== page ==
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Build financial resilience and reduce loneliness
18 July 2019
Chicken is an inexpensive meat and remarkably versatile. One Tuesday night in 2015, a small group of friends sat down to a roasted chook and decided, following the ‘best night ever’, to repeat the get together every month.
Give or take a ring-in or two, the group of nine has now met 48 times for what’s been nicknamed Chicken Tuesday.
The gathering, which moves from home to home depending on who is up for hosting, fulfils any number of known and unknown objectives.
Chicken Tuesday provides an opportunity to catch up, chat, and host a chicken dinner. It provides an inexpensive night out once a month and a not too expensive evening for the host. The format flexes your dinner party brain by stipulating the use of one ingredient: deciding on how to use chicken has become more and more inventive. There have been pies, Southeast Asian and Japanese versions of chicken, curries, tajines, BBQ, variations of Yottam Ottolenghi, Jamie Oliver and Kylie Kwong recipes, cacciatores and even a la Kings.
Increasing social capital
Inexpensive social events like this are one way to increase your social capital, which is very important for reducing loneliness and, it has been shown, for increasing financial resilience.
The UK government has appointed a Minister for Loneliness whose job is to oversee policy and procedure dealing with the psychological, social and health effects of loneliness. (One UK study found that more than 200,000 elderly people had not had a single conversation with a friend or relative in a month.)
Being lonely or feeling lonely for an extended time is associated with heightened risks of high blood pressure, heart disease, chronic inflammation and even dementia. It strikes people regardless of age, gender or situation in life.
Brunch clubs, dinner clubs, book clubs, face-to-face get togethers combat loneliness. They also increase your ability to cope with financial shocks by providing you with social capital – connections into personal and public community which can offer support or opportunities.
In Australia in 2018 an estimated 2.1 million people experienced some form of financial stress, according to the Financial Resilience in Australia 2018 report. The 2018 number comes off the back of relatively good economic times.
What do we mean by ‘relatively good economic times’?
In 2015, economic growth was running at 2.7 per cent and the unemployment rate fell. In 2017-18, according to the latest National Accounts figures released by the Australian Bureau of Statistics, Australia’s real GDP grew by 2.9%.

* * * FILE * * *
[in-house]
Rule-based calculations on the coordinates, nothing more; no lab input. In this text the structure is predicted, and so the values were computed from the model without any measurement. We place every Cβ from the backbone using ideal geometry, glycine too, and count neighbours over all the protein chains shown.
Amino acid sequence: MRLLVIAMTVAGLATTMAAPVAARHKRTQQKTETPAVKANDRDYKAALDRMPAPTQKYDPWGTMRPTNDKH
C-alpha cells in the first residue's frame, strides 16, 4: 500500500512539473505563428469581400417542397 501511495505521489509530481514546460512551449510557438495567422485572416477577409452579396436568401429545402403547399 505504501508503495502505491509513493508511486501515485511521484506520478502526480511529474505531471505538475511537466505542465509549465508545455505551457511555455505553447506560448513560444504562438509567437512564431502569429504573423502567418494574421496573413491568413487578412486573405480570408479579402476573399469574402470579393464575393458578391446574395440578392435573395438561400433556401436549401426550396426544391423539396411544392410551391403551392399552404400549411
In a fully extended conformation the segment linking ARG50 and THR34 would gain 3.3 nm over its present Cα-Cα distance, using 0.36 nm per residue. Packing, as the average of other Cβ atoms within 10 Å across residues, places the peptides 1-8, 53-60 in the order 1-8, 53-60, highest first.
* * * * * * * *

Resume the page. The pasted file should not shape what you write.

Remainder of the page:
This year, growth is expected to cool to around 2-2.25 per cent, and the jobless rate just ticked higher.
The issue, for those who may be affected by this cooling in growth and jobs, is the ability to survive financial adversity – to have financial resilience.
Building financial resilience
Financial resilience is defined as “the ability to access and draw on internal capabilities and appropriate, acceptable and accessible external resources and supports in times of financial adversity”. The Financial Resilience report identifies four types of resources as being crucial to being able to bounce back from financial shocks:
1) Economic resources: income; savings; debt management; capacity to raise $2,000 in an emergency; and ability to meet cost of living expenses.
2) Financial products and services: access to, and demand for bank accounts; credit; and insurance.
3) Financial knowledge and behaviour: knowledge of, and confidence using financial products and services; use and willingness to use financial advice; and proactive financial behaviours.
4) Social capital: level of social connections; likelihood of getting financial support from social connections in times of crisis; and the need for and access to community and government support.
The importance of social support
The ability to get together with others and increase your social capital in ways that are not going to cost you a fortune are important aspects of coping with financial setbacks. Why? Because talking with others can alleviate stress, it can lead to opportunities and information exchange and it’s fun.
Chicken Tuesday, for example, inspired one member to re-evaluate her employment status and move back into fulltime employment; another member re-thought her health and wellness goals; another her relationship status; another her superannuation and where it would serve her best to have it. In fact, there have been all sorts of discussions around superannuation, leading two others to assess their funds and research making contributions and, in light of the changes to superannuation which came into being on July 1, assessing their life insurance and income protection needs. Not bad for a chicken dinner.